Female Hardcore gamers are consistently above average across all gaming motivations.

Thus, for men, being Hardcore is more about specializing into competitive gaming, whereas for women, being Hardcore is more about developing a broad interest in all aspects of gaming.

For Men, Casual Means Blowing Things Up

Let’s flip this around and look only at Casual gamers (21% of female gamers and 9% of male gamers in our sample). Gamers who identify as Casual are less enthusiastic about every gaming motivation across the board. So this is why almost all the bars are below the median line.

Casual male gamers score highest on Destruction (guns, explosives, chaos). For them, casual gaming means blowing things up and leaving behind a trail of chaos and mayhem. Note how the things important to Hardcore male gamers—Competition, Challenge, and Excitement—are now deemphasized among Casual male gamers.

For women on the other hand, casual gaming looks a lot like the markers for Hardcore female gamers. We see Design and Completion along with Fantasy. Casual female gamers like being teleported to another world with task completion and customization opportunities.

Many Potential Lenses

Our goal in this post was not to define what “Casual/Core/Hardcore” mean—that’s a much bigger discussion around the intersection of gamer preferences and game mechanics/complexity. We were more interested in exploring what “hardcore” and “playing seriously” means for gamers who ascribe to different gamer type labels (as one of many possible ways of slicing the data).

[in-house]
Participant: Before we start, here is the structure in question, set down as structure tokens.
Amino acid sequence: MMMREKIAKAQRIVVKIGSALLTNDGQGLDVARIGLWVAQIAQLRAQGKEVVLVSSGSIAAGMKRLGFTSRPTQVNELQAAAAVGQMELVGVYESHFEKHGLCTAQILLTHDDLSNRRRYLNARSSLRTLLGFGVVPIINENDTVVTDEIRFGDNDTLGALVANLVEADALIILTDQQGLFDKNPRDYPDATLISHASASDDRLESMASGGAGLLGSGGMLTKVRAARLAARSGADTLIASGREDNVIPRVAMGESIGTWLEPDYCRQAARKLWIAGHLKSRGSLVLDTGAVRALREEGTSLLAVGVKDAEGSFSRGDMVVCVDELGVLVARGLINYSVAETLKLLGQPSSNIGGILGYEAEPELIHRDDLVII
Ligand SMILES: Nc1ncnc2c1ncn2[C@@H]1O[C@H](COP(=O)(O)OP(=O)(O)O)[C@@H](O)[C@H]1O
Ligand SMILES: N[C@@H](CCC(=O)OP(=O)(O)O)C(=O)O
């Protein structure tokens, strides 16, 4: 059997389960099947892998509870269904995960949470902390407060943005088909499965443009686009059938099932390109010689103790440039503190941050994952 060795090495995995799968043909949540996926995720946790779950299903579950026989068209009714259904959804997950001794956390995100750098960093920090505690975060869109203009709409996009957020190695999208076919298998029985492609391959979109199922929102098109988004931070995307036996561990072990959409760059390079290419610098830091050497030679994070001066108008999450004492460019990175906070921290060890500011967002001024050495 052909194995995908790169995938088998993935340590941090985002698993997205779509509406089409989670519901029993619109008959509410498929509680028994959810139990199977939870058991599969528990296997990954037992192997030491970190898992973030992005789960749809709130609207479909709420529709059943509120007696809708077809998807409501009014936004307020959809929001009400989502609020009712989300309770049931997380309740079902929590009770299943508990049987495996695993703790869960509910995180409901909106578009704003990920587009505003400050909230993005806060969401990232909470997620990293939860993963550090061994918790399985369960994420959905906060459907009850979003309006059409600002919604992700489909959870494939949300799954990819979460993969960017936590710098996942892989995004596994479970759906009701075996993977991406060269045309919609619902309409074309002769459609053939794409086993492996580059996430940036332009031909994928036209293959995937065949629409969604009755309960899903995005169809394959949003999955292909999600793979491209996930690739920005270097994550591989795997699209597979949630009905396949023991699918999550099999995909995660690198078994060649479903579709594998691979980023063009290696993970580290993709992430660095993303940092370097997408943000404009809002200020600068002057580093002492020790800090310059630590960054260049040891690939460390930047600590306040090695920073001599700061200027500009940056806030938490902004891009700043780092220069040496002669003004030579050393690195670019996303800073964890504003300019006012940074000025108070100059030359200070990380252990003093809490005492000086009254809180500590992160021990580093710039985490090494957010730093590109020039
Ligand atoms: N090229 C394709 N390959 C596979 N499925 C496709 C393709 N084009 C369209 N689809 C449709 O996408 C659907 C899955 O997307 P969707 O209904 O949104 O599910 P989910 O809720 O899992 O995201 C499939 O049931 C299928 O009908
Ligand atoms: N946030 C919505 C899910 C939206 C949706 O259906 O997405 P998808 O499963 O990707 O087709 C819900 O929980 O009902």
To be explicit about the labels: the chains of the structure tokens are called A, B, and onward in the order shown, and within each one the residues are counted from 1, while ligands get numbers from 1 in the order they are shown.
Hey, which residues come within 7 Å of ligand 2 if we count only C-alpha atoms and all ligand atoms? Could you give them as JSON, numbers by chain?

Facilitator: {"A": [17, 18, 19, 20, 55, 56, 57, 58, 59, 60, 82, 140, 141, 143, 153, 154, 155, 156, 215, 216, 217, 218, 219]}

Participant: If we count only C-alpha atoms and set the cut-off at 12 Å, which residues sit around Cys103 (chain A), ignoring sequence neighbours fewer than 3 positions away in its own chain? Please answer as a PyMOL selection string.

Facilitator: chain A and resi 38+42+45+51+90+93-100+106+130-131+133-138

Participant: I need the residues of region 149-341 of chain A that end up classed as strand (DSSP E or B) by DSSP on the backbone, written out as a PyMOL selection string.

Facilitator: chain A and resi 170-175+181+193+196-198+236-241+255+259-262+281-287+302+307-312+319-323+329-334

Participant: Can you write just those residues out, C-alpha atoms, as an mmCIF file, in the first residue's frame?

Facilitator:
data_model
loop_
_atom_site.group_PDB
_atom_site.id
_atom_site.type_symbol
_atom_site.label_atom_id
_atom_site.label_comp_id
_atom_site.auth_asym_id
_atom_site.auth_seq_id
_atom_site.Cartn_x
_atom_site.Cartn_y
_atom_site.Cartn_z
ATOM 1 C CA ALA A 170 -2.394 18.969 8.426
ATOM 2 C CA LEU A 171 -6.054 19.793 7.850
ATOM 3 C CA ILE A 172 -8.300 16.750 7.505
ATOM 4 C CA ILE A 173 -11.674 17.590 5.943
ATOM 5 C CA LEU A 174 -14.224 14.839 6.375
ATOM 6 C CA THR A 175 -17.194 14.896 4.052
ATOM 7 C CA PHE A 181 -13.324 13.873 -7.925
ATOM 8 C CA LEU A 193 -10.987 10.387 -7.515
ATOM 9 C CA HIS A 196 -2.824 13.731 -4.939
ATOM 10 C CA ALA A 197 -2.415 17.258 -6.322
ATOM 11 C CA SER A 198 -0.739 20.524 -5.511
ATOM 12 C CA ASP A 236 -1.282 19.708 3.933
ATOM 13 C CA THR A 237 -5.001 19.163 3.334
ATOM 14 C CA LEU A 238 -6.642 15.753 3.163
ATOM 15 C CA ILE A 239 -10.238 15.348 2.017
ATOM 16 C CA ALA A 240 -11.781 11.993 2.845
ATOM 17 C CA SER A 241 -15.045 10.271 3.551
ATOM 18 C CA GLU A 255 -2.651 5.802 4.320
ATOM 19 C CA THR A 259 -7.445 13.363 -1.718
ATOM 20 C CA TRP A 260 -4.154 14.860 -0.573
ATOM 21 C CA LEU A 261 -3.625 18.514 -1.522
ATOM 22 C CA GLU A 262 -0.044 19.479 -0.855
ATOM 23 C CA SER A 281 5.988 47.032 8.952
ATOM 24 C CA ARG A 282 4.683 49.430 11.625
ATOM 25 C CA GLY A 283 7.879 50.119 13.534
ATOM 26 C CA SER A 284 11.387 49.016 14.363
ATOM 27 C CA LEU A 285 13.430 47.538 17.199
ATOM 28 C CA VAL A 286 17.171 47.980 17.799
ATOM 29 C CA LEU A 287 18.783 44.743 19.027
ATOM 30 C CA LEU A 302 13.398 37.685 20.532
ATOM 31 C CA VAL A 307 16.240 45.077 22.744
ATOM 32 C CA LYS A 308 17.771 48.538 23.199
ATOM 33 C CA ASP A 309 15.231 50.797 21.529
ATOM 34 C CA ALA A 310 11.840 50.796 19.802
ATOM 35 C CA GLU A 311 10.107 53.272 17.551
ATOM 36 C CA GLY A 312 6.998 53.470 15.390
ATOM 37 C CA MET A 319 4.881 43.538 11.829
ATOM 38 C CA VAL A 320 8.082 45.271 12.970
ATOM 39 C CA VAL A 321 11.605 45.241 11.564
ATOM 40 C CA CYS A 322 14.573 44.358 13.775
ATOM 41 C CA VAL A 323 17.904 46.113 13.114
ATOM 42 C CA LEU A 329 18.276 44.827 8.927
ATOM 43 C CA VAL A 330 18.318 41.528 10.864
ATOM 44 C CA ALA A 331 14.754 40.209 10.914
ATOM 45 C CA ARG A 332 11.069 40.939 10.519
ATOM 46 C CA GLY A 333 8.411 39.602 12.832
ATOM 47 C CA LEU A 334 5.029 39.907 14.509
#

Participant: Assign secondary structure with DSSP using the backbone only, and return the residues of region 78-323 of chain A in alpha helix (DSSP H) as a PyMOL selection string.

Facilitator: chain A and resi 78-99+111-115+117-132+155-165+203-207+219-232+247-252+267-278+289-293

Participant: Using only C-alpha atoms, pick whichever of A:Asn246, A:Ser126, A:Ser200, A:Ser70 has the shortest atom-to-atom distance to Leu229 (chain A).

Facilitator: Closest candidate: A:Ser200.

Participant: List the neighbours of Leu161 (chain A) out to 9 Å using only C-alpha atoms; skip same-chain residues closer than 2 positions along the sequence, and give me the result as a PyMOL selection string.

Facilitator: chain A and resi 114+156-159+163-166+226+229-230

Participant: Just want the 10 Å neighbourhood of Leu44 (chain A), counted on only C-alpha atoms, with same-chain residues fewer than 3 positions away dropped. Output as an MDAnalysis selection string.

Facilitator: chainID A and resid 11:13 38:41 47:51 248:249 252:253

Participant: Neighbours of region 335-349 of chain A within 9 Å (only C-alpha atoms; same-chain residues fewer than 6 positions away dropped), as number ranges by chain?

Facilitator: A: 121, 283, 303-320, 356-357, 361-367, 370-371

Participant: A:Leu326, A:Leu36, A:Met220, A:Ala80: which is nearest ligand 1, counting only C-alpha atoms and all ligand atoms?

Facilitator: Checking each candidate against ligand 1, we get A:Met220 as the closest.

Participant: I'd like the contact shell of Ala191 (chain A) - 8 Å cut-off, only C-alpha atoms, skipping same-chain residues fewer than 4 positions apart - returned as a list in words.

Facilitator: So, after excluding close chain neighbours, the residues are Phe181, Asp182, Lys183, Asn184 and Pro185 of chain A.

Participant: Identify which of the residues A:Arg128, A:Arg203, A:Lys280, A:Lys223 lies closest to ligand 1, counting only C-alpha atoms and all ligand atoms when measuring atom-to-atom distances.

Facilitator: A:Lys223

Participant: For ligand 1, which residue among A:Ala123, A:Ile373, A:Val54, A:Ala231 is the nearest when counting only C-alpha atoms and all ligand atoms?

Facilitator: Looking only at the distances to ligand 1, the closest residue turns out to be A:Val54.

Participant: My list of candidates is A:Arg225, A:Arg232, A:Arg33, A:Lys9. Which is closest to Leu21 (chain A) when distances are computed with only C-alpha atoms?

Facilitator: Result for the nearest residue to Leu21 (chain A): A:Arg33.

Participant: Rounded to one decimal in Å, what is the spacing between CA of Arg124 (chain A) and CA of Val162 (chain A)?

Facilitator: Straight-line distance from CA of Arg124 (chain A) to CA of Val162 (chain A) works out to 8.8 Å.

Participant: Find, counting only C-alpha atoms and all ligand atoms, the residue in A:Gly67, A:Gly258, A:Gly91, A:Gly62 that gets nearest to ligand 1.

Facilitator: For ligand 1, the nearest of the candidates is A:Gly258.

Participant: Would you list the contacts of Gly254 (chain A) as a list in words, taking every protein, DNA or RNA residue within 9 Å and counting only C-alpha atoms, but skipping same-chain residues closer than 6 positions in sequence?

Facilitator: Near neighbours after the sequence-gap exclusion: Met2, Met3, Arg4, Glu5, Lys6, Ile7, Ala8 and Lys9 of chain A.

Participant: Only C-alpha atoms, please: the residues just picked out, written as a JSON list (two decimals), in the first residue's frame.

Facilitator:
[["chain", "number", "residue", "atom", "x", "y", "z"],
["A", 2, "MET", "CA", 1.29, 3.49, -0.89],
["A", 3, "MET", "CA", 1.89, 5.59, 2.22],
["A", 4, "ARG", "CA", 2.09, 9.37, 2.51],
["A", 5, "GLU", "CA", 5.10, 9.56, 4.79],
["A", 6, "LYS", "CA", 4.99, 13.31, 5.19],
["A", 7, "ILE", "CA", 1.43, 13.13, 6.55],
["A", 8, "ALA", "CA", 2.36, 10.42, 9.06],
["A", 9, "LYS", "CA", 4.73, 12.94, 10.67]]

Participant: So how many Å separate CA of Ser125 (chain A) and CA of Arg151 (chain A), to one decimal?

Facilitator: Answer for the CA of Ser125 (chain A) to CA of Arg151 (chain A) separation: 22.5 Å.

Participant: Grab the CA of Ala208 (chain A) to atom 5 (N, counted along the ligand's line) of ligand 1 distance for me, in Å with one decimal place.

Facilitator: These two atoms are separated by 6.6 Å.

The two main takeaways are that 1) Hardcore female gamers have different motivational drivers than Hardcore male gamers, and 2) Hardcore is more about breadth for female gamers and more about specialization for male gamers.

It was precisely the most frequent and loyal gamers who got stereotyped as being “casuals”.

The gaming community tends to define Hardcore using the male gamer lens, so there’s inevitably a tautologous conclusion that male gamers are more likely to be Hardcore. But this leads to distortions in making sense of actual gaming behavior. For example, in a study of 7,000+ EverQuest 2 players that my colleagues and I conducted, we found that female MMO gamers spent more hours playing per week and were less likely to consider quitting.  But ironically, it was precisely the most frequent and loyal gamers who got stereotyped as being “casuals”.